Path of the Sun from Two Different Latitudes

June 08, 2022


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Photographers: Marco Meniero; Alessandro Liberatore

Summary Authors: Alessandro Liberatore; Marco Meniero 

The above shows what happens if you photograph the path of the Sun from two different latitudes. Both images were made near the time of the December solstice and portray the movement of the Sun in the sky during a 24-hour period. The one on the left (December 26, 2021) was captured from the Italian Concordia Antarctic Base, where at this time of year the Sun never sets.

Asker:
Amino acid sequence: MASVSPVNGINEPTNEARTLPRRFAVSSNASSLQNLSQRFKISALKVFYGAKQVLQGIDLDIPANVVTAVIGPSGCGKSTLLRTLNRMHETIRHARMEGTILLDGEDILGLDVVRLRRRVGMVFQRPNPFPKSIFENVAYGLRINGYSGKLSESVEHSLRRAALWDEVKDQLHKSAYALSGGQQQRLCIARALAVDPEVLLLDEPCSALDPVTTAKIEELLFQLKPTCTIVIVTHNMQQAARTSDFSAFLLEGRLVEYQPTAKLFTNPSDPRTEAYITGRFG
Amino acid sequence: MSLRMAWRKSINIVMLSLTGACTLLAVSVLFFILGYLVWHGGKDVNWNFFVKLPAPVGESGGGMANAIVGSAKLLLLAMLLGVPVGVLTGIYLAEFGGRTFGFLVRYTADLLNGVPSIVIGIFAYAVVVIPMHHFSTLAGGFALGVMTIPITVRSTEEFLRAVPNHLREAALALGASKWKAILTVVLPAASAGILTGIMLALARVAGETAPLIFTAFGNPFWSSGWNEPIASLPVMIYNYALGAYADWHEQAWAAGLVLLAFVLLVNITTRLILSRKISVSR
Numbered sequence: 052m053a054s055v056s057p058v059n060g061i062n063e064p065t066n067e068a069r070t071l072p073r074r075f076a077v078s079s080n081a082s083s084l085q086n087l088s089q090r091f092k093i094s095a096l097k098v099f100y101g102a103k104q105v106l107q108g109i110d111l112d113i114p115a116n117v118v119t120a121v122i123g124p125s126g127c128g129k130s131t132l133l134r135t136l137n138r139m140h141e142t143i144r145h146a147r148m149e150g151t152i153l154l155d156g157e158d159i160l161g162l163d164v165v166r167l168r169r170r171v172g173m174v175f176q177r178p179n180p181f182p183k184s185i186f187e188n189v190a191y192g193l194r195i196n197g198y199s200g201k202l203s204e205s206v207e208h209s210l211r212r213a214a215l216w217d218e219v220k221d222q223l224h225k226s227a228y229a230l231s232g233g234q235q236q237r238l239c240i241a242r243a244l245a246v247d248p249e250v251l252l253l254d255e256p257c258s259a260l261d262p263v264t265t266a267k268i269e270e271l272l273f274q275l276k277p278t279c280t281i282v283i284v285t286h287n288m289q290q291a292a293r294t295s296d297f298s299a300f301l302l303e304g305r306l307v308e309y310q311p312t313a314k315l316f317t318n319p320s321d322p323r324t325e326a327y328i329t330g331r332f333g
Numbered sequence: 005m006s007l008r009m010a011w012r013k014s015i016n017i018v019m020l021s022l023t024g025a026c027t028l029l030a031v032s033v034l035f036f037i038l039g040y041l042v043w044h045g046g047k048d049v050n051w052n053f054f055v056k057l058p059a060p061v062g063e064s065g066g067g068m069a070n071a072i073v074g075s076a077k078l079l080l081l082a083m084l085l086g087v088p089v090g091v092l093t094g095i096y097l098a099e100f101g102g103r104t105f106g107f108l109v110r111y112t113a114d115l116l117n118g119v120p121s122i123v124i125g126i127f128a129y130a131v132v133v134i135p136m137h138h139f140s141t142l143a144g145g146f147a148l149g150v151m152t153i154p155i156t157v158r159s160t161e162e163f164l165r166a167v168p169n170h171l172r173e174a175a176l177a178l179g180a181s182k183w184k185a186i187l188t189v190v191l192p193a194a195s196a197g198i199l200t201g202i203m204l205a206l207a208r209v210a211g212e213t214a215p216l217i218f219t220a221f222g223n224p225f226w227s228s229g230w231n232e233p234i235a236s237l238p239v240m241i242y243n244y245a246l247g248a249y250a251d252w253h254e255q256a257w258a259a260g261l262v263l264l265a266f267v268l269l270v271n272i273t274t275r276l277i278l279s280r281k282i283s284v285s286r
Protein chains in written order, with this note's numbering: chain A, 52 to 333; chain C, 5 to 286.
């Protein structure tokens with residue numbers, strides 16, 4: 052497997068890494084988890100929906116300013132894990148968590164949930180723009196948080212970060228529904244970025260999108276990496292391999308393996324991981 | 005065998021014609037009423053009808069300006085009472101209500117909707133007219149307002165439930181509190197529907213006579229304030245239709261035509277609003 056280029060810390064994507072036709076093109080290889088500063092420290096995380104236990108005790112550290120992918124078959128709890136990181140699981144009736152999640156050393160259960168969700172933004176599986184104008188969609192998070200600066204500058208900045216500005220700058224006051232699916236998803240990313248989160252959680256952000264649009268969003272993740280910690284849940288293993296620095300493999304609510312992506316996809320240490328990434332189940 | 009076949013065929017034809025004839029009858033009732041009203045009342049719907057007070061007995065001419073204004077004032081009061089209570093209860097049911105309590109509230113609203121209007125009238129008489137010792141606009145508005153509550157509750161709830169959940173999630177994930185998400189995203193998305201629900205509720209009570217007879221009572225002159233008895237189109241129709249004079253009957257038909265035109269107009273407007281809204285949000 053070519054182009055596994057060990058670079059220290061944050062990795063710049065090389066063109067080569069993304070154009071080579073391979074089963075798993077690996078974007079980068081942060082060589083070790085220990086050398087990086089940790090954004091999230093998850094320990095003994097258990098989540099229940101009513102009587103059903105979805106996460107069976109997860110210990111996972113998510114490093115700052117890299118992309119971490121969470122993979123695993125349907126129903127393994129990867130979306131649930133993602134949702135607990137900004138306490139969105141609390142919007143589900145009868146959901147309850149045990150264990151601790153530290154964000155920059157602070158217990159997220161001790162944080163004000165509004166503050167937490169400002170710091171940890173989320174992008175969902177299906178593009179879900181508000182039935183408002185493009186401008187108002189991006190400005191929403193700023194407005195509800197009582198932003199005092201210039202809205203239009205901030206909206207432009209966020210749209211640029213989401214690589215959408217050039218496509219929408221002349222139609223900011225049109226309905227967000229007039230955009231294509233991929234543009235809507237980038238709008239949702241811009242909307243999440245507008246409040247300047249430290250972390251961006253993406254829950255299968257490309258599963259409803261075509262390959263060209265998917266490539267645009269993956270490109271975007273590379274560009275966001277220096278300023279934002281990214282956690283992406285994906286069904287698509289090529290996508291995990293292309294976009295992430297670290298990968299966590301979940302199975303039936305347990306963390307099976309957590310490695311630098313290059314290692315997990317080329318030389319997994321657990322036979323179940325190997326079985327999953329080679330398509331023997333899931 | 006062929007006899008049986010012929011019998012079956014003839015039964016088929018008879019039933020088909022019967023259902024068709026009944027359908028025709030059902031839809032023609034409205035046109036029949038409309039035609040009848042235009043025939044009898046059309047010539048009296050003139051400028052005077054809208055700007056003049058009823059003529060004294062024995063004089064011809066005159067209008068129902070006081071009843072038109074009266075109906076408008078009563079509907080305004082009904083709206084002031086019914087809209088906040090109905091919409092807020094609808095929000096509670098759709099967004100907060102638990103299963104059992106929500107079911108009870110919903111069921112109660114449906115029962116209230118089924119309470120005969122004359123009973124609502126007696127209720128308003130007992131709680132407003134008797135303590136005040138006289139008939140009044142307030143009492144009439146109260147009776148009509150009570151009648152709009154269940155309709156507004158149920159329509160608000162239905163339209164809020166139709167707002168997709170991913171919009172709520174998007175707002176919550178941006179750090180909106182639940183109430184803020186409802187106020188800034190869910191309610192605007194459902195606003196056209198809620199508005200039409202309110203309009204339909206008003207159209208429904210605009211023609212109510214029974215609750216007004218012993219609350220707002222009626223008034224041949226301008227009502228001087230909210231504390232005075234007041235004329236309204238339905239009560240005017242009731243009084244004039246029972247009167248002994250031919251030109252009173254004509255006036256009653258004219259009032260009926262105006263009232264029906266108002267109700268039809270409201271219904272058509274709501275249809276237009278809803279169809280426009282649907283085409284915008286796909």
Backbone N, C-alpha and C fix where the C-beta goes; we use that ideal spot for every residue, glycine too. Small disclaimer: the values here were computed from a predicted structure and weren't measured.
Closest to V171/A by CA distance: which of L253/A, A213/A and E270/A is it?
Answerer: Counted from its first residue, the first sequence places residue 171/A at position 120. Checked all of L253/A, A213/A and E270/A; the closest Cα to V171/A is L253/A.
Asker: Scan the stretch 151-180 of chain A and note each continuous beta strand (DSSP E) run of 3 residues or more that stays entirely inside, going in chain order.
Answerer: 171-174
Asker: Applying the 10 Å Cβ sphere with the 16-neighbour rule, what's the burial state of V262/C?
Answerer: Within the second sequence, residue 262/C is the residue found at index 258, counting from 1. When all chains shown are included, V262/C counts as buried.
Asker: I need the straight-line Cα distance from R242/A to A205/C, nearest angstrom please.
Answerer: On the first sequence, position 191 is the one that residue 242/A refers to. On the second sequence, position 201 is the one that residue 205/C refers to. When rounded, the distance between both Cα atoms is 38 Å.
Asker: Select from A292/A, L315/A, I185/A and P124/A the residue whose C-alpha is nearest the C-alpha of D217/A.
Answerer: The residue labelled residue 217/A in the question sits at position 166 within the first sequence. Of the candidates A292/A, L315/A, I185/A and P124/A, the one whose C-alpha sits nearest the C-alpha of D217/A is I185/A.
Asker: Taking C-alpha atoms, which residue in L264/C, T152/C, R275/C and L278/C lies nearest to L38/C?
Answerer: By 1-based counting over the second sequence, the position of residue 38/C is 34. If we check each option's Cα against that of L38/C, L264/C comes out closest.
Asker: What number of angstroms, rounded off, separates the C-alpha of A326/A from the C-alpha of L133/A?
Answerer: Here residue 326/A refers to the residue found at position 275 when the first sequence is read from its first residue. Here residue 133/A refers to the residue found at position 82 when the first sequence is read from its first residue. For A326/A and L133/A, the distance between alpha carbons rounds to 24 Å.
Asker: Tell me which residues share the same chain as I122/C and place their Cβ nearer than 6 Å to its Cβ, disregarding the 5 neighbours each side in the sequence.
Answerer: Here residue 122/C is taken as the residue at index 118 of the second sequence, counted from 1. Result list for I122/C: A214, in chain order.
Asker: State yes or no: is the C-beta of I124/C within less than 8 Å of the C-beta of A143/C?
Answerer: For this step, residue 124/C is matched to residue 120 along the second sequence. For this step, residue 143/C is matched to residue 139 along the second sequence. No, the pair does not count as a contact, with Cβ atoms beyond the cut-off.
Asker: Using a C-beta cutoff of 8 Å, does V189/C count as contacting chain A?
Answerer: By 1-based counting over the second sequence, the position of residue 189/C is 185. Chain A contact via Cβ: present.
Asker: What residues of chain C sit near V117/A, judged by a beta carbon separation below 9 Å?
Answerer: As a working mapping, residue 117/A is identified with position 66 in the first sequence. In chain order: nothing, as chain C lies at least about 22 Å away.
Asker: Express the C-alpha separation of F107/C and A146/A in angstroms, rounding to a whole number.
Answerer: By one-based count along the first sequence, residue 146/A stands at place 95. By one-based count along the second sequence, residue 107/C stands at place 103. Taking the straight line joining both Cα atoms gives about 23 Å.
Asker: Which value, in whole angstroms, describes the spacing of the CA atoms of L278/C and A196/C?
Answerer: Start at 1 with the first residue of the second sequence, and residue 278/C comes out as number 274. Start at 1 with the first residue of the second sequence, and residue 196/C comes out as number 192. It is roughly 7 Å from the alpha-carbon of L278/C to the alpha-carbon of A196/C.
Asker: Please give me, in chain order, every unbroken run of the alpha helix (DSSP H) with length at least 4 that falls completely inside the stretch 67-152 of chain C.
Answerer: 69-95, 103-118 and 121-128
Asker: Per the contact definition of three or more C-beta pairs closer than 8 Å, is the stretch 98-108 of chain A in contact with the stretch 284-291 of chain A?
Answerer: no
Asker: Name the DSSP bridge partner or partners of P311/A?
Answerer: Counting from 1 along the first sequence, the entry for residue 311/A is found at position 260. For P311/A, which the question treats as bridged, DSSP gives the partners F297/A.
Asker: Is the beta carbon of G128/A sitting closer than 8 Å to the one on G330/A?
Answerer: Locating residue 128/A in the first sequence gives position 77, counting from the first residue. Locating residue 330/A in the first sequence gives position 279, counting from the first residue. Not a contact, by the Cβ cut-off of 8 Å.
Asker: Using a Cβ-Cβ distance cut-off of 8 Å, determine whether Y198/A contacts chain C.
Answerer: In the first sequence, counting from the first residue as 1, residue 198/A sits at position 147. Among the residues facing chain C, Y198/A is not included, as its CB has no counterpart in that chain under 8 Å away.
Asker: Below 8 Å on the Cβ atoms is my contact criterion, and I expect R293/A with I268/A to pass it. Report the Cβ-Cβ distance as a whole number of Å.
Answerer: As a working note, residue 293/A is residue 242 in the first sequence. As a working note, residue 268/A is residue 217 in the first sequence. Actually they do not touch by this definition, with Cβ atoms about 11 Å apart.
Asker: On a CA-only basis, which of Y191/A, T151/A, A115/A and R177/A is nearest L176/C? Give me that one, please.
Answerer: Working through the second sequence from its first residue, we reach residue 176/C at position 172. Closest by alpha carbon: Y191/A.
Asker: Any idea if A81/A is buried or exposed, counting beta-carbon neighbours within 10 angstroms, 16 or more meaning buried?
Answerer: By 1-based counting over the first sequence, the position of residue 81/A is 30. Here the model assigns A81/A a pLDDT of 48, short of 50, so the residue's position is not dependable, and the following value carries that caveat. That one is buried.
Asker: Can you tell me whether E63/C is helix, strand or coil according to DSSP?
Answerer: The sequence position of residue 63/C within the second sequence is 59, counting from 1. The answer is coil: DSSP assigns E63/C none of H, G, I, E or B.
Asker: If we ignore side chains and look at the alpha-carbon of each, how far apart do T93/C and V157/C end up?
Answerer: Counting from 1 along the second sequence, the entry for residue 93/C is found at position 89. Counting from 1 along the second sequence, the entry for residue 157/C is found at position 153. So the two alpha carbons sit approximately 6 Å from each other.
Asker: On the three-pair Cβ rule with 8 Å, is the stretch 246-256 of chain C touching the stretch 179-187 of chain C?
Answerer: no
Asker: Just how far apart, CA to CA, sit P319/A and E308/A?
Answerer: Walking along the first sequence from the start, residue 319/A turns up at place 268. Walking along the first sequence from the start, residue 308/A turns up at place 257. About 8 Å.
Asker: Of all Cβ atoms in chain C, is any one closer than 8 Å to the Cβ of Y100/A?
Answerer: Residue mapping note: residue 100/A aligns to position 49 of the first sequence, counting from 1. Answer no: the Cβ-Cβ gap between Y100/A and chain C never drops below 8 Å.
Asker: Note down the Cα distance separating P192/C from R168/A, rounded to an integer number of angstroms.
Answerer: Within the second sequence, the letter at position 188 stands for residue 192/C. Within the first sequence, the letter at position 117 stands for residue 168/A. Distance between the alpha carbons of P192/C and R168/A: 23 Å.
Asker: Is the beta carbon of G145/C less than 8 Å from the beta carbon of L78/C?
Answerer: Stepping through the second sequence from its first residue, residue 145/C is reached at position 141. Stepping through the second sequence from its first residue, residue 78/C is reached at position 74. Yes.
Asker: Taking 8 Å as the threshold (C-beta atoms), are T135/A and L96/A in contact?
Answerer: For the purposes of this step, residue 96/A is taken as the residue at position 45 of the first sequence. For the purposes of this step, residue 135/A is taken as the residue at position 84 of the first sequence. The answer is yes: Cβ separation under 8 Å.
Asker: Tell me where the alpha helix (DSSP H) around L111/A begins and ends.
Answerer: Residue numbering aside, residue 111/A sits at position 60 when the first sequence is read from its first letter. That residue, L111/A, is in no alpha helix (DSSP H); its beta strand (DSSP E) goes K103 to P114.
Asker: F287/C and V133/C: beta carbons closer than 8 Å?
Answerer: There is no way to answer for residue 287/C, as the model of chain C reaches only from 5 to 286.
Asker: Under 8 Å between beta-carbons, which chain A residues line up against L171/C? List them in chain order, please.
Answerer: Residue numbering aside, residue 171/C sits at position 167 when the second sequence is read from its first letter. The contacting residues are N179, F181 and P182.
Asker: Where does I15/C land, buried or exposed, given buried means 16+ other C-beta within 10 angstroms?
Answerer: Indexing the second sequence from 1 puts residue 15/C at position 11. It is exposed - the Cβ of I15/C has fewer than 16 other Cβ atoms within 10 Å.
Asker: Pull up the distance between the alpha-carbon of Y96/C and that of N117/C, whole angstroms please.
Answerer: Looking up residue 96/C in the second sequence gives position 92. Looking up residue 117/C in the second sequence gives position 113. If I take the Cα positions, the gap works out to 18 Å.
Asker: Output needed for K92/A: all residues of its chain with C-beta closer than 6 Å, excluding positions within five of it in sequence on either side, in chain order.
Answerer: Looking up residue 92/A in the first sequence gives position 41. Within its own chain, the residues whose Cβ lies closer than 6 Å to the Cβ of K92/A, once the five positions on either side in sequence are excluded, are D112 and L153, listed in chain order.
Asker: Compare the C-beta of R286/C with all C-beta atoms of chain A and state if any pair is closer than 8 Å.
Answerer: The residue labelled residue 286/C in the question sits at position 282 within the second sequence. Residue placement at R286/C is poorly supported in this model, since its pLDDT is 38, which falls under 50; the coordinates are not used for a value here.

The photo on the right (December 20, 2016) was taken in Tuscany, Italy and shows the Sun and also twilight and star trails about the North Celestial Pole. At Italian latitudes, and everywhere in the mid-latitudes and tropics, the Sun always rises and sets. In the Northern Hemisphere, only at latitudes higher than the Arctic Circle (approximately 66.34 degrees north latitude) will the Sun remain below the horizon or above the horizon for an entire 24-hour period.  

Photo details: Both shots were taken using with Photoshop's Photomerge feature, and once the panoramas were complete, Photoshop's Polar Coordinate / Units Distort filter was used for the spherical projection.